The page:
Agriculture is, and has always been, important to Indian Country. According to the data collected by the National Agricultural Statistics Service for the most recent Census of Agriculture, there are over 71,9471 American Indian and Alaska Native Farmers and Ranchers, working on more than 57 million acres of land, with a market value of products producing reaching over $3.3 billion—including $1.4 billion in crops and $1.8 billion in livestock and poultry. Indian Country operations are twice the size of non-Native operations, but with half the income and involvement in federal farm security programs. These numbers tell us not only what contributions Indian Country already makes to American agriculture, but also speak to the potential for future opportunities if current operations were expanded, and contemporary federal policy adjusted in a way that facilitates Tribes and individual AIAN operators to more fully take advantage of U.S. Department of Agriculture programming. Food and agriculture production could be a huge economic driver for Tribes, the entirety of Indian Country, and the rural communities in which their communities are found. Production could equal the revenue generated by gaming and because of their isolated location.
In order to realize this potential, we must re-calibrate USDA programs to capitalize on current successes in Indian Country agriculture and agribusiness and expand those opportunities throughout Indian Country, including feeding the people living in our most rural and remote places. Agriculture and agribusiness can create jobs and stabilize economies for Native people who have deep connections to the land on which they live, to farming and ranching, and to the foods they produce every day. In addition, Tribal governments and Tribal communities have always been and are continuing to be the providers of essential governmental services in countless rural, remote, and isolated communities throughout the United States.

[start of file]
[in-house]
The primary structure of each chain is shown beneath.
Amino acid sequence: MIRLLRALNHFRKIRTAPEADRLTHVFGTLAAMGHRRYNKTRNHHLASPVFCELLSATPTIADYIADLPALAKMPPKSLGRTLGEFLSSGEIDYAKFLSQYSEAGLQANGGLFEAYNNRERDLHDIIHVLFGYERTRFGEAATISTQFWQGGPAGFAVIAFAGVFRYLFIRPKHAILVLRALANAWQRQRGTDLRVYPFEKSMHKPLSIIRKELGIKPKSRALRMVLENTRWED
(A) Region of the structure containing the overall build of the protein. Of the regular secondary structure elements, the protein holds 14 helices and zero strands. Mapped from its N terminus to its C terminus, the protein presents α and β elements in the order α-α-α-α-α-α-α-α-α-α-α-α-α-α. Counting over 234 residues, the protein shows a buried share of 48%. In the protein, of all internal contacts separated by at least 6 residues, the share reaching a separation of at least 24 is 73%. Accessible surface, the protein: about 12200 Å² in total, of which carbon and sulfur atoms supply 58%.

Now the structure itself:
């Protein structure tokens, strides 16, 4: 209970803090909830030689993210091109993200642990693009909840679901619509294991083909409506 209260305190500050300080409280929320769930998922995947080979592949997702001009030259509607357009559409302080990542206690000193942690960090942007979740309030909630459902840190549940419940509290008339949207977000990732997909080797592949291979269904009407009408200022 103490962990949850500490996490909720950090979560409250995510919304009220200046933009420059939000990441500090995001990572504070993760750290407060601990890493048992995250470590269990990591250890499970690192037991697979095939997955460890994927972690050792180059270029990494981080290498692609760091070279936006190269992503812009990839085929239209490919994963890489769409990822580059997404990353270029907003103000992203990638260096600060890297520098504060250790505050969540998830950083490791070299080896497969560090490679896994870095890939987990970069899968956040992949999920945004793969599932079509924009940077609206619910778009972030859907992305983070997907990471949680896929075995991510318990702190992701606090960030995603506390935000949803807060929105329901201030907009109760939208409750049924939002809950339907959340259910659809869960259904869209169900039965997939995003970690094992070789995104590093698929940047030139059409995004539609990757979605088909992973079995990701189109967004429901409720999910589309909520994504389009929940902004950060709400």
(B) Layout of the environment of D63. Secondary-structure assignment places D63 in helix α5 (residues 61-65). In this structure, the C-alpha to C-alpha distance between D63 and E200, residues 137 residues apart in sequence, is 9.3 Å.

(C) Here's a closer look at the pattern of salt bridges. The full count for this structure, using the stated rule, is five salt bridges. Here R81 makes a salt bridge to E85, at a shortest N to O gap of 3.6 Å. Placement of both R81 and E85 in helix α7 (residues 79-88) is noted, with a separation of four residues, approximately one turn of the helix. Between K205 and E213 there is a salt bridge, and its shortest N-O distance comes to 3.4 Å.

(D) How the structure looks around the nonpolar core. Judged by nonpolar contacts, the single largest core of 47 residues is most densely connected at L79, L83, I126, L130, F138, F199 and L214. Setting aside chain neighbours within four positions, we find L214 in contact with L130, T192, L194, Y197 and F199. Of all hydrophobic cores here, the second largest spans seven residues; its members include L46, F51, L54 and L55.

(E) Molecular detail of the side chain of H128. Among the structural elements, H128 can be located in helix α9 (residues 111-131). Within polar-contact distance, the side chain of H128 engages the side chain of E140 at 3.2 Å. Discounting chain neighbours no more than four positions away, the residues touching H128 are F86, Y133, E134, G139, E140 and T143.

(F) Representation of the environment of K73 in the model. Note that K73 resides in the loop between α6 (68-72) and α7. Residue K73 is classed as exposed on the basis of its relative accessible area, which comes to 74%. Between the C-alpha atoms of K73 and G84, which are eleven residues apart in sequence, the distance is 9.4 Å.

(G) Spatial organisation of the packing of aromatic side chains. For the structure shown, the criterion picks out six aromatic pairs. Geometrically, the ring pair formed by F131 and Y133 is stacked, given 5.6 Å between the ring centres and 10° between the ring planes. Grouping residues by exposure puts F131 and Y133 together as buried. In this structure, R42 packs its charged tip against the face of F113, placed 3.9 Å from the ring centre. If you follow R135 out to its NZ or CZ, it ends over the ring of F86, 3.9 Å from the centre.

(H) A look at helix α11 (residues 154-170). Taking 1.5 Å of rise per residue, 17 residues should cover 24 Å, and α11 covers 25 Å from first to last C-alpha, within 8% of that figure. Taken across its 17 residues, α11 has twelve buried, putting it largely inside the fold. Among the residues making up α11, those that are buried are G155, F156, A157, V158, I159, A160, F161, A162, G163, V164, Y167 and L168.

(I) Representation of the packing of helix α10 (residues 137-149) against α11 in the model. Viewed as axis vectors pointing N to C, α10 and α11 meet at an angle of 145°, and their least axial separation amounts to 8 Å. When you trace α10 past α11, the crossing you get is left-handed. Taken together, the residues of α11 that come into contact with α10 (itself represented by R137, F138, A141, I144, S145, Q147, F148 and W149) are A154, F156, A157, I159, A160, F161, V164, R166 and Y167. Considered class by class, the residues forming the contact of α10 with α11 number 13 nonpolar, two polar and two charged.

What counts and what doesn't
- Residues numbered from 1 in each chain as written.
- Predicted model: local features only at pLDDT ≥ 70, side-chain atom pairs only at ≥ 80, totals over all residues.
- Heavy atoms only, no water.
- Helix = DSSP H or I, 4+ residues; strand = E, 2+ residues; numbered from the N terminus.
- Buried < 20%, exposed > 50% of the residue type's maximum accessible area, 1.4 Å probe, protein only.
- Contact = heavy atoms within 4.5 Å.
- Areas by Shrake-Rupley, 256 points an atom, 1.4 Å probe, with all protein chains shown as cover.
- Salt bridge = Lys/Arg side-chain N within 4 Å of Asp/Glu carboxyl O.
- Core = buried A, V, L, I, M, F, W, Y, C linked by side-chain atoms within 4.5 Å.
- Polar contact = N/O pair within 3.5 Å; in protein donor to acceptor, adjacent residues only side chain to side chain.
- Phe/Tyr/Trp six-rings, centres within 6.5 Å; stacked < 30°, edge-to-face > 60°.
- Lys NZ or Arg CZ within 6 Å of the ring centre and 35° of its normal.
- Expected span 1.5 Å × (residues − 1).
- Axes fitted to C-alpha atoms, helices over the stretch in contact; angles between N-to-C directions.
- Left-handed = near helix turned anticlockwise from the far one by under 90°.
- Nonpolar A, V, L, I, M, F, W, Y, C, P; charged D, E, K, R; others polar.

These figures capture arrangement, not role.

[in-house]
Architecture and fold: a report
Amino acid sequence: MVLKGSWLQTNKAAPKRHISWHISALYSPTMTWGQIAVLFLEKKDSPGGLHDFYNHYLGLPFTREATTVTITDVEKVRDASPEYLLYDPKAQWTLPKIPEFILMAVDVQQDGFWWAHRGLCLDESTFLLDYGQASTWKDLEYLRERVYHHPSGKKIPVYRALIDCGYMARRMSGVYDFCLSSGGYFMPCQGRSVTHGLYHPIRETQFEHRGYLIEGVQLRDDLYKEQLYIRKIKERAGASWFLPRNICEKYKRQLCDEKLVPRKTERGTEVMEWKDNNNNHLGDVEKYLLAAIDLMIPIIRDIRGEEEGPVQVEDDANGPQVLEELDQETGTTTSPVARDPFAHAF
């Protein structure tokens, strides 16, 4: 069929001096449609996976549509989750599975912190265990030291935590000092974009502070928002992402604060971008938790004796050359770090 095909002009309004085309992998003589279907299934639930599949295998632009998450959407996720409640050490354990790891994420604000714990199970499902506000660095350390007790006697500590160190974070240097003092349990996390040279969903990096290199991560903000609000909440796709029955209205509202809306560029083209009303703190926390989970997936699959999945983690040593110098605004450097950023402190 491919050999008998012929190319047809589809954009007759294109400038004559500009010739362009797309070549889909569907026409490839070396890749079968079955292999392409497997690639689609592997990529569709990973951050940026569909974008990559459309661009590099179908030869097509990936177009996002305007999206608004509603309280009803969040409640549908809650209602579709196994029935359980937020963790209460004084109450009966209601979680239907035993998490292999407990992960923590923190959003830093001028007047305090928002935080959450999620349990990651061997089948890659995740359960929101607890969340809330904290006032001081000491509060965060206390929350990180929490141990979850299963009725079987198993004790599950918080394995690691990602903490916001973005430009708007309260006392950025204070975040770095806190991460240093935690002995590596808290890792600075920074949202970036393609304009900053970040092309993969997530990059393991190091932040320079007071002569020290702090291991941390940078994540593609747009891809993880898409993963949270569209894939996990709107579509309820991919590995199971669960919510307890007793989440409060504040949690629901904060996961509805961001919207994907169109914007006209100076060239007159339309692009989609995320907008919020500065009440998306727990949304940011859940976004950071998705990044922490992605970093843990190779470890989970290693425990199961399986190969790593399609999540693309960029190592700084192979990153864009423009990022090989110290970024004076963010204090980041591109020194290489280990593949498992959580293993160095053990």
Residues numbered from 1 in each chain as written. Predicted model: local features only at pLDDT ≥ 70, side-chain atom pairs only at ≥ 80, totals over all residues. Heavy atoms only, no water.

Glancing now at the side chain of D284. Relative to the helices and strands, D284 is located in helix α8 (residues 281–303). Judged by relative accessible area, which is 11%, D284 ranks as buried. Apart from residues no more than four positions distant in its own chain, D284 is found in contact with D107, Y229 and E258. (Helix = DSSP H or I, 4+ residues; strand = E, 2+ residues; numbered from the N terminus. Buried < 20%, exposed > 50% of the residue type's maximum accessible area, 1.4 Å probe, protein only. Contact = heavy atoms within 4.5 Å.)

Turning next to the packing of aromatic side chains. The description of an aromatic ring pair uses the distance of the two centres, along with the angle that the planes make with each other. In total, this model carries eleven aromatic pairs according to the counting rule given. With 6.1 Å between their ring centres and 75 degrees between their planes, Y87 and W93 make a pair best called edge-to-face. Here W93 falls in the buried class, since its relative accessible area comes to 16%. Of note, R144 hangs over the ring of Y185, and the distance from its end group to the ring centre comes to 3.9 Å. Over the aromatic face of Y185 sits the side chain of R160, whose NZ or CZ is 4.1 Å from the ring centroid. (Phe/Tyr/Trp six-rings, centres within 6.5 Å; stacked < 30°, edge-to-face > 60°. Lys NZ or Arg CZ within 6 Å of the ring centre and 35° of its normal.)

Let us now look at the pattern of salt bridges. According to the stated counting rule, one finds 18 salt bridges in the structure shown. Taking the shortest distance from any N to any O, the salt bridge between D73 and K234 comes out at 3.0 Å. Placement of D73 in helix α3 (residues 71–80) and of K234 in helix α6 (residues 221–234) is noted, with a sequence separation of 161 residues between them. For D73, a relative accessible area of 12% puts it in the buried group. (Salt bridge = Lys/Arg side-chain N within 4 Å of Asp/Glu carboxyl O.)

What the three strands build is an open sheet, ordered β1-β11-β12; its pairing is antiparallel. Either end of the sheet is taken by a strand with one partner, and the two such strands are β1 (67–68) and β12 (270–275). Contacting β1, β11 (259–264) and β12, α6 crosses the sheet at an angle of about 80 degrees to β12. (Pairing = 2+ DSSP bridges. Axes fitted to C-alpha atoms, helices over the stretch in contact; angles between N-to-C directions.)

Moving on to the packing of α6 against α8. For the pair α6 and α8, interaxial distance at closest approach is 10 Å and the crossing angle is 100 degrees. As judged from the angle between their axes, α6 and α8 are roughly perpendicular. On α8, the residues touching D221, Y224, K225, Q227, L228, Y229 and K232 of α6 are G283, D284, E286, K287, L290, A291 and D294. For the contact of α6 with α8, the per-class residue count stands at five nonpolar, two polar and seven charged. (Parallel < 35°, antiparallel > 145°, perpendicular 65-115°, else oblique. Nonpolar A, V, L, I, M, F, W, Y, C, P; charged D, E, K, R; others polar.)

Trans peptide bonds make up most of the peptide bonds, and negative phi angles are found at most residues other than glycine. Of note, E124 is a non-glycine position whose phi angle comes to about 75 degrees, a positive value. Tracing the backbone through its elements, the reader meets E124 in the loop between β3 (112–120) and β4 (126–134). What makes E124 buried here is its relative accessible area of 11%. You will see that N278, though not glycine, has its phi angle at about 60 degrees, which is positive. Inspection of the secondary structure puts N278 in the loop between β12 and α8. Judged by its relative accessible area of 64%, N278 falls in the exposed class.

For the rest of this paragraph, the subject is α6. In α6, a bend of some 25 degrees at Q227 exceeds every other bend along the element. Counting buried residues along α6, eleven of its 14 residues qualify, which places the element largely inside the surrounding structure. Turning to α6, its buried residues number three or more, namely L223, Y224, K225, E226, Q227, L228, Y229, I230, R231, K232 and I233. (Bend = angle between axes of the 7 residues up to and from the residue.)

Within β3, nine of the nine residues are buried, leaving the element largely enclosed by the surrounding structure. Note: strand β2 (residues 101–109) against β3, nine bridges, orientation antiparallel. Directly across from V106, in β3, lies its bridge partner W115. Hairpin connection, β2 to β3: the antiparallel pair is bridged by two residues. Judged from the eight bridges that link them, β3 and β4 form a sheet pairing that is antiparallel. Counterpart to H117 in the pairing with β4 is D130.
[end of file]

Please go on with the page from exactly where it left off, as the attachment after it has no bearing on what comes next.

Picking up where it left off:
This essay focuses on several key provisions and themes that could have the greatest impact to support and grow agriculture and agribusiness in Indian Country if implemented in the 2018 Farm Bill reauthorization.
WASHINGTON – Senator John Hoeven (R-N.D.), chairman of the Senate Committee on Indian Affairs, today delivered the following remarks at a committee oversight hearing titled, “Keep What You Catch: Promoting Traditional Subsistence Activities in Native Communities.”
“Subsistence involves the harvest of local resources for local consumption,” said Hoeven. “Many Indian tribes across the country have practiced and maintained a subsistence lifestyle for thousands of years.… As the original stewards, tribes have demonstrated conservation practices for their natural resources. It is important that the federal government enact subsistence policies that promote the interests of their communities.”
The hearing featured testimony from Dr. Jennifer Hardin, subsistence policy coordinator for the Office of Subsistence Management at the U.S. Fish and Wildlife Service; Roy Brown, chairman of the Northern Arapaho Business Council; Mary Sattler Peltola, executive director of the Kuskokwim River Inter-Tribal Fish Commission; and A-dae Romero-Briones, director of programs for Native Agriculture and Food Systems at the First Nations Development Institute.
For witness testimony and hearing video click here.
Senator Hoeven’s full remarks:
“Today we will examine subsistence hunting and fishing in tribal communities and evaluate how Congress, the Administration, tribes, and tribal organizations can work together to alleviate regulatory limitations on this traditional way of life.